I’ve gotten quite a bit of constructive feedback on the PaaS realism post and I wanted to aggregate it here.
I was humbled to see a very awesome post from Luke Meyer who works on the OpenShift team. I think if you are going to deploy OpenShift, his post is very important to read.
I wanted to respond to a few points specifically he made (and again say thank you for taking the time to respond/educate me)
State and Sticky Sessions
Luke is absoltely correct that statefulness and stateful requirements are not a limitation of a PaaS. I’ll address this a bit at the bottom a bit more clearly but I would say the issue is AMPLIFIED by a PaaS.
Databases on OpenShift
Luke points out that database cartridges on OpenShift are not redundant. I was informed that there IS an HA cartridge of PGSQL available though it appears to be a commercial offering. The marketing fluff doesn’t go into any useful information to clarify how that works (and I’ve not yet dug in to see if there’s freely available tech information).
And frankly, similarly to the state issue, database usage is pretty app specific. One thing I take issue with is that if you do end up using an external DB, have you really bought yourself that much? Yes your application has a common ‘environment’ to it now but there’s still this non-PaaS component that someone has to use. Unless you’re setting up an external development database you now have a tangible difference between production and development that you have to account for. Again, this is not SPECIFIC to a PaaS but it is a variable that I think gets glossed over.
I think this came across incorrectly in my original post. If your application requires persistant storage, you’ve already hit the first strike in my “Is your app ready” list. If you are using a platform as a service and you require some form of persistent storage, you should go back to the drawing board.
I can’t go into details but I can tell you this is definitely an issue. A predictable enterprise IT security bullshit issue but an issue none the less. As in a complete non-starter issue.
I’m going to hold off on this until the end because this ties into an overarching concern/commentary I have.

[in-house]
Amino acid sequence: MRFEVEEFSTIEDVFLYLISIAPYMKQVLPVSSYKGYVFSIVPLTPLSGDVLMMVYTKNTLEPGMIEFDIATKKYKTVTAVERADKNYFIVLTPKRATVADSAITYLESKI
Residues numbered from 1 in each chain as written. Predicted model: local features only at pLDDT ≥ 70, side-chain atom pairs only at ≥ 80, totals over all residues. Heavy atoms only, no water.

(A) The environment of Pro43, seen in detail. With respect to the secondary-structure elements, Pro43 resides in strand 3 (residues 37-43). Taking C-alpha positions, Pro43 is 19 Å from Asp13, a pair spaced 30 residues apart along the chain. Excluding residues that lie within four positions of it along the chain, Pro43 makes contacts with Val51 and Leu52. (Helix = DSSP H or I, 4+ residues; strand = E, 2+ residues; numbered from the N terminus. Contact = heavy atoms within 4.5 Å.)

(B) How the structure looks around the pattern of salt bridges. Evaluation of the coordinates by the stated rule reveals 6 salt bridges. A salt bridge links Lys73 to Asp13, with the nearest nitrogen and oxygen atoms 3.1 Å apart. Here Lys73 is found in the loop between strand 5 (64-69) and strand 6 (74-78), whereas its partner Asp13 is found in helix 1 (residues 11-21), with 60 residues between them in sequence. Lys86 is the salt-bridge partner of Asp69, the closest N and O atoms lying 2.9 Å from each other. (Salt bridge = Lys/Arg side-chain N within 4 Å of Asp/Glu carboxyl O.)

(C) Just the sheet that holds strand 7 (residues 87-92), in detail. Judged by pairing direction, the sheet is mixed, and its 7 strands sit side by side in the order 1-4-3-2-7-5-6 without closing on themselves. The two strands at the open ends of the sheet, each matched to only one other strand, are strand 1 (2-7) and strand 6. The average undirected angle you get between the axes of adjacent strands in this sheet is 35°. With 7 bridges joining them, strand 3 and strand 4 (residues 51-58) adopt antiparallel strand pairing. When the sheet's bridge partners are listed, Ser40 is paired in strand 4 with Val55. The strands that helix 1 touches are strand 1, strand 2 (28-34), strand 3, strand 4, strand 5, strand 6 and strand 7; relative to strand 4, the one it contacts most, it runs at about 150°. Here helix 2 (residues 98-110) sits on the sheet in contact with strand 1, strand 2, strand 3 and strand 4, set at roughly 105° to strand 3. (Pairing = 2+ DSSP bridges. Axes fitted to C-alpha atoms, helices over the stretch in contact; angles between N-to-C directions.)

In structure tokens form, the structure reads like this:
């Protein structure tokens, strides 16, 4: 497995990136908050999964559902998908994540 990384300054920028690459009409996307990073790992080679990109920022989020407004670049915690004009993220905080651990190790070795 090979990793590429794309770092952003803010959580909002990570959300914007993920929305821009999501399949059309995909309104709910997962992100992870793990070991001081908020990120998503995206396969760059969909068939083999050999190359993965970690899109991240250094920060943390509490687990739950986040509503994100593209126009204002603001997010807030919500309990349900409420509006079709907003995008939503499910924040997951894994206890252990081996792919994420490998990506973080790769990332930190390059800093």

I think everyone should read the rest of Luke’s post that I’m not responding to specifically. It’s a very well thought out post and he makes very excellent points. In fact at the end he does ask a very legitimate question:
So if you think PaaS is right for you, also ask yourself: do you want to be in the building-a-PaaS business or the using-a-PaaS business?
I didn’t get much feedback on CF as I’d liked but in fairness I didn’t give CF the same attention as I did OpenShift. I did, however, get quite a bit of good information from Twitter from both Dave McCrory and James Watters as well as someone I’m not comfortable naming considering it was not public communication.
Before I address the CF specifics, however, I think the most critical deciding factor in why NOT to choose CF right now is that it’s undergoing a rewrite. I don’t know what the upgrade path for that rewrite is. My guess is it’s a parallel deploy and then migrate considering the scope of the change but someone PLEASE correct me if I’m wrong on that.
Based on what I’ve seen, the rewrite ACTUALLY sounds like it will make CF a solid choice. The problem here is that standing up a system like CF (or OpenShift or even OpenStack) are not things that should be taken lightly. You are going to be putting your PRODUCTION workloads on these systems. If you stand up CF now and then come back in three to six months telling everyone you have to transition to a new setup (regardless of the migration process), you risk burning a lot of personal capital.
Now on to the feedback
CF doesn’t use containers